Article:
Arcade cabinet mods are certainly nothing new. Ever since the kids of the late 70s and early 80s grew up into the adults of the late 90s and early aughts, the internet has been filled with folks building wooden boxes around computers and joysticks. Today's example, though, uses an Android tablet and a Tatsunoko vs. Capcom fight stick for what might be one of the cheapest, easiest-to-replicate Arcade cabinets around.
British gadget site Mobile Fun has some fantastic stuff for us to drool over today. After seeing some premium Nexus 7 accessories just a couple days ago, these new leaked photos show us even more Nexus 7 accessories including (brace yourself) a rotating stand case. In case those words don't make sense to your brain when placed together, here's how it works: it's a protective case that can turn into either a landscape or portrait stand.
Like many technophiles, I have a soft spot for wireless audio gear. While cord-free is moving in the direction of Wi-Fi and mesh networks at home, the world of portable gear still belongs to Bluetooth. Earbuds, headphones, portable speakers - they're all different, and so far none I've tested are perfect. Once I find the perfect one in each category, I'll be sure to let you know.
A few months ago, I reviewed the MEElectronics Air-Fi AF32 - a full-size over-the-ear set of wireless headphones that ended up scoring surprisingly well while at the same time not breaking the bank.
Bluetooth may be a mature technology, but it's far from perfect. It follows, then, that headphones that use the standard would share the same imperfections in addition to their own. Such is the case with the Mobiband Bluetooth Headphones made by BBP; while they're certainly not bad, they're not good, either. Unfortunately, the performance simply doesn't justify the $60 price tag of the headphones. In fact, mediocrity is the theme across the board, which is unfortunate if not entirely surprising.
Ready for a mind-blowing example of what Android is capable of? You'd better be - Sensorcon, hoping for funding from Kickstarter, has thrown together a demonstration of Sensordrone, an accessory for your Android device that will be small enough to fit on your keychain and yet powerful enough to pack 13 different sensors under its hood, paving the road for hundreds of potential new apps.
In a nutshell, Sensordrone is an entire suite of sensors, useful for projects ranging from gas oxidization to color intensity measurement.
Nyko, best known for making the slightly less solid and slightly less expensive console controllers you buy to save money, is getting into the Android game. Literally. Working with mobile gaming force of nature, NVIDIA, the peripherals company aims to bring "physical and familiar controls" to tablet games that run on NVIDIA processors, including, but more importantly not limited to, the Tegra 3.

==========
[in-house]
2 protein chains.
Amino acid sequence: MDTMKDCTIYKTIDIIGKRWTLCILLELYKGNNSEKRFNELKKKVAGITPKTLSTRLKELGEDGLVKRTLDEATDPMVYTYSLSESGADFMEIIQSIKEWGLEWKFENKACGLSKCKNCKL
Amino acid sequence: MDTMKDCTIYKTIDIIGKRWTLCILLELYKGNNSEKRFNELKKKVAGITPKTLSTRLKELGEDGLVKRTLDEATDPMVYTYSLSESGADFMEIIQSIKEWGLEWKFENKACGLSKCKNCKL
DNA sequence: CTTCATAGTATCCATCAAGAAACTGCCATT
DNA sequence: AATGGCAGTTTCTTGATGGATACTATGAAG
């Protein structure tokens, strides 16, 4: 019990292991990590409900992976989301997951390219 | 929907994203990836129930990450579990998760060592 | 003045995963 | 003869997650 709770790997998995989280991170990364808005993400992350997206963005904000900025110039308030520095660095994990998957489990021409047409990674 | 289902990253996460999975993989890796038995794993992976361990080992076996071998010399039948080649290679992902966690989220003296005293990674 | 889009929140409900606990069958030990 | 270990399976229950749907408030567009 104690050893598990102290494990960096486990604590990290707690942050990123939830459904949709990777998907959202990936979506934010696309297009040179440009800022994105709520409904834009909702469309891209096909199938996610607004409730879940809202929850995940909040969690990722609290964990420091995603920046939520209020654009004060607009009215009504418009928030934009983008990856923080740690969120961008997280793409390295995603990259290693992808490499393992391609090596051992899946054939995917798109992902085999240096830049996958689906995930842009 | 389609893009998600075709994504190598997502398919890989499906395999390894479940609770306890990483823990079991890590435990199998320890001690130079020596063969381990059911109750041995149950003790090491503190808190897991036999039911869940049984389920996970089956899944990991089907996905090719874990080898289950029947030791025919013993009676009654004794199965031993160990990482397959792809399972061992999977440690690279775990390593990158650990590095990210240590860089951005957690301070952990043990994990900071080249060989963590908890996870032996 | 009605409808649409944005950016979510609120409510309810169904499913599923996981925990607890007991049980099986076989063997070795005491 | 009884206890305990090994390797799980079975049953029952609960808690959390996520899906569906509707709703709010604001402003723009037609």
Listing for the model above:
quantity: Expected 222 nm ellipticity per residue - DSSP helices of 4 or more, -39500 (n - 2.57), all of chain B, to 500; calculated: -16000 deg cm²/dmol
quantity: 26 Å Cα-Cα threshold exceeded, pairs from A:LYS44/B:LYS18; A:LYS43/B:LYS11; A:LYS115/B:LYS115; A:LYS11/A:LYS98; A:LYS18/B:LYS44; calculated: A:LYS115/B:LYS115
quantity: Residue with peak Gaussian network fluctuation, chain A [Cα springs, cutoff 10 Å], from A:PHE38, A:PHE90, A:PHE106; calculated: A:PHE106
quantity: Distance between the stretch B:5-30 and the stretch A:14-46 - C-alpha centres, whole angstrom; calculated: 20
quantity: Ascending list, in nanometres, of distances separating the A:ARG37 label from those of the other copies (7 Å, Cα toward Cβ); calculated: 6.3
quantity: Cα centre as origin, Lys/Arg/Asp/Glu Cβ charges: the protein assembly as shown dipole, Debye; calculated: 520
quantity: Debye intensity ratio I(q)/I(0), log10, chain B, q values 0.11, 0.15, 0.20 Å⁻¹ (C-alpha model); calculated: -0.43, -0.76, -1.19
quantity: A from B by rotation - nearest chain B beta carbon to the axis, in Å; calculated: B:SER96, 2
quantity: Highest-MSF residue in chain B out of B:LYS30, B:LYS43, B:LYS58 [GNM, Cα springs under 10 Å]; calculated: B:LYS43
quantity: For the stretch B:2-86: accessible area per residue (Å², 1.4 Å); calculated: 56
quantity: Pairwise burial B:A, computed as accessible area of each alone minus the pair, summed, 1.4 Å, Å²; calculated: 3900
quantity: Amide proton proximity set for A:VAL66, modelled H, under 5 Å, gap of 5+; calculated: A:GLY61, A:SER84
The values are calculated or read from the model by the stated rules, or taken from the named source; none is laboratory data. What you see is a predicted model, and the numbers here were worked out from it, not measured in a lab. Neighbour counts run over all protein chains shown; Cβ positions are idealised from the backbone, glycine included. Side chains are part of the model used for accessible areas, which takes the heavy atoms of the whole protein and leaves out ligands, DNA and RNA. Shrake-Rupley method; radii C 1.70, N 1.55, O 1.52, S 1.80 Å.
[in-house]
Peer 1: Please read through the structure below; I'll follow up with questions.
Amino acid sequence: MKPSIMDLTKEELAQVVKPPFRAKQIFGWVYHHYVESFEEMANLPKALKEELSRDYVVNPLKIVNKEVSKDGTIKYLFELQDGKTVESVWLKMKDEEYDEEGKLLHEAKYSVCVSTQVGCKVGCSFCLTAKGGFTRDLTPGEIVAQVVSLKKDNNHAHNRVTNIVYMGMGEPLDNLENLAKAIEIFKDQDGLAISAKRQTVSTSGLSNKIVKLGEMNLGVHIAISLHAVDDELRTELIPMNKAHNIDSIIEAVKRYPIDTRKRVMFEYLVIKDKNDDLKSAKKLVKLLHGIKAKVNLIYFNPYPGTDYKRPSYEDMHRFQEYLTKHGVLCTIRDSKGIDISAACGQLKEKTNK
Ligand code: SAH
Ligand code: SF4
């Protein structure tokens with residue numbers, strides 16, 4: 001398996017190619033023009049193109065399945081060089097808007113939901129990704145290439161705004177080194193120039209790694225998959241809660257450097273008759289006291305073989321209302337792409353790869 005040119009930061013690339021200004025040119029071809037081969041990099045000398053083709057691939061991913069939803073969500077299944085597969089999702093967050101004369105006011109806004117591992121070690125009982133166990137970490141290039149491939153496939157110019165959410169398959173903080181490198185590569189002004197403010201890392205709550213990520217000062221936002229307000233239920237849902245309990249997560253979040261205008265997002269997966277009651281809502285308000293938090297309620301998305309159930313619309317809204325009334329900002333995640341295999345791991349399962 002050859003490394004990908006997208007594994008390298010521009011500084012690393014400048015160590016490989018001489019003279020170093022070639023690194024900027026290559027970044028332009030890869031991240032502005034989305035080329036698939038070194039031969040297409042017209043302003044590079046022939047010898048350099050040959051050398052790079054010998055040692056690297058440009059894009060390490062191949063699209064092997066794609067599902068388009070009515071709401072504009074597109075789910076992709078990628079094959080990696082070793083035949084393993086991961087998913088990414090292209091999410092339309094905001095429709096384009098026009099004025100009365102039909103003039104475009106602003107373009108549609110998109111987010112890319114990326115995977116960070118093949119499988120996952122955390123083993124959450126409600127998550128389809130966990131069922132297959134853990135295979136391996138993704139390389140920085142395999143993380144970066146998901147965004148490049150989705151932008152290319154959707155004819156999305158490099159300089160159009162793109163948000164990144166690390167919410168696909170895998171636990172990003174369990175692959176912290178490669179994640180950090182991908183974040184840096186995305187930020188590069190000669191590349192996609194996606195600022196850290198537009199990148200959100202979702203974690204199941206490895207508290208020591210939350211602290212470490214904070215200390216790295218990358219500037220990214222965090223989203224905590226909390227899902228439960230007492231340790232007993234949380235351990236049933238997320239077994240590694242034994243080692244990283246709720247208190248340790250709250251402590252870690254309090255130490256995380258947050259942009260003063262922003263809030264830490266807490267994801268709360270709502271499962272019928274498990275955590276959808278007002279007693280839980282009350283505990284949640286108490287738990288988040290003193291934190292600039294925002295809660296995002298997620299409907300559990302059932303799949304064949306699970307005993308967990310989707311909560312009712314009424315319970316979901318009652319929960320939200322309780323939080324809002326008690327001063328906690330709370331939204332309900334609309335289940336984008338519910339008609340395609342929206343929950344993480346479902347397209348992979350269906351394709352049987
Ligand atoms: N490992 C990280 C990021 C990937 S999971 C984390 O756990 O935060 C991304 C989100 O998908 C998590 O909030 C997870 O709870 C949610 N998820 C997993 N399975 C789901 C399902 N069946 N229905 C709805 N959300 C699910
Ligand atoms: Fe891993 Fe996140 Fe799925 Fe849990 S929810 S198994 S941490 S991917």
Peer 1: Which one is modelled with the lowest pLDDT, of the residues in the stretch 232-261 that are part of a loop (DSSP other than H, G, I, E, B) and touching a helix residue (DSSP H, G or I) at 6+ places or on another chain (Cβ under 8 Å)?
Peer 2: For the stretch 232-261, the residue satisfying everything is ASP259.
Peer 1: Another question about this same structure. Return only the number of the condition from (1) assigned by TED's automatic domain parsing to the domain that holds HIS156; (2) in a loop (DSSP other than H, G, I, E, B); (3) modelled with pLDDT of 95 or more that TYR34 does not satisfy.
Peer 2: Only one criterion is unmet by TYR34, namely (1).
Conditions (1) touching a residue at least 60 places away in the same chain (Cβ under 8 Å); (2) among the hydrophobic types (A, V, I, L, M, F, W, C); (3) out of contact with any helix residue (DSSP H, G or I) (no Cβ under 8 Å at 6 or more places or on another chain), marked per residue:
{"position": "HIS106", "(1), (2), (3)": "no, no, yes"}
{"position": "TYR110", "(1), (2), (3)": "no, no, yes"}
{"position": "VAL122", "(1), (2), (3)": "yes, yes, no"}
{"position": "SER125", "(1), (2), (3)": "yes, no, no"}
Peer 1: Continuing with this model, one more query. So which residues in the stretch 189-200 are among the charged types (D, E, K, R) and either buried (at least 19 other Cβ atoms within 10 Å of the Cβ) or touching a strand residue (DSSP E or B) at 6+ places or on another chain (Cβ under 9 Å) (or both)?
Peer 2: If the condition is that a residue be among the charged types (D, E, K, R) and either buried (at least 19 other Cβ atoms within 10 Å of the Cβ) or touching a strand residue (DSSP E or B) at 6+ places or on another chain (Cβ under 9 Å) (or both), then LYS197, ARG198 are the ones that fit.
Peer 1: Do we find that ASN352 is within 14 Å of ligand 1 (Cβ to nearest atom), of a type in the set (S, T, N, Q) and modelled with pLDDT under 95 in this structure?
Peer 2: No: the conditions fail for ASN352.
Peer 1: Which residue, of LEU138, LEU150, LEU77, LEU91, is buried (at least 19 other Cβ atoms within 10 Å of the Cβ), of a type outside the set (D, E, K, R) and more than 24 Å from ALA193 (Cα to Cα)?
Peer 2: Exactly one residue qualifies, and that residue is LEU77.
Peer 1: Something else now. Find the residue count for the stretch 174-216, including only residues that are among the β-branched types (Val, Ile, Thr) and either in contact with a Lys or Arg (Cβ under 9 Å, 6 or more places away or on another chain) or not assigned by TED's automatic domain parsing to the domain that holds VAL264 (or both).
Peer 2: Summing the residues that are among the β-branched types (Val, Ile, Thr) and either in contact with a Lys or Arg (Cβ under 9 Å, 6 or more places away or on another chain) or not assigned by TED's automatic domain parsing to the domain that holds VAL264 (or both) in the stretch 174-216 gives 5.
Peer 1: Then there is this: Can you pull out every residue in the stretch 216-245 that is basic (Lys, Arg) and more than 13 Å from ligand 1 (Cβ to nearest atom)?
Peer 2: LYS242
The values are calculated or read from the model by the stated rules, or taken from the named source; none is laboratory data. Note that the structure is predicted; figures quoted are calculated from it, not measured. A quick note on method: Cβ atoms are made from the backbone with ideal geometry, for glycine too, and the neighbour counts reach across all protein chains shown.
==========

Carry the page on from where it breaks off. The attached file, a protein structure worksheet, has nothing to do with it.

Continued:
The PlayPad in a variety of colors (left), and the PlayPad Pro (right).
Kickstarter is getting to be the only way to launch an audacious project. It seems like very time you turn around, a new Kickstarter drive has set a record and raised millions of dollars. It was just last month that Double Fine Adventure reached $3.3 million to make a game. Now the Pebble e-ink watch has become the top project on Kickstarter with more than $5 million in donations.
The Pebble is a smart-looking watch with an e-ink face that does the mundane stuff like tell the time, and tell you what day it is.
So, you and 999 of your closest internet friends just received a free Zeemote in the mail. Now you're all sitting around in your respective houses wondering what to use your new toy on. You can't ask each other because you all live in different places. Well, since we got you into this mess, we'll help get you out. Here are seven of the best Zeemote-enabled games available.
Perhaps one of the best games on this list, Running Fred is a game we've featured before.
The Sony SmartWatch, which was only just announced for the US earlier today, is already available for an awesomely reduced price. Expansys USA is offering the device for just $118, which is $32 off Sony's price of $149.99.
For those unaware, Sony's SmartWatch allows users to "check updates discreetly," and control certain features of their Android device (like music, for example) from the Bluetooth-connected timepiece.
For those interested, here are a few more details about the SmartWatch:
1.3" OLED display with a 128x128 resolution (16 bit color)
Aluminum/high-polished plastic body
Dust and splash-proof
Compatibility with devices running Android 2.2 and higher
~3-4 day battery life
As an added bonus, Expansys USA is promising customers that the device will ship in about 7 days, which is much sooner than Sony's May 4th date.
Saving money is a good thing. And there's always something empowering about making a purchase where you feel like you really got your dollar's worth - especially in the world of consumer electronics.
When you think on-ear wireless headphones, your first thought is probably "expensive." Even the MEElectronics AF32's, which come in at a decidedly reasonable $80 (and which we highly recommend), may be a large investment for people who really don't care about headphones or sound.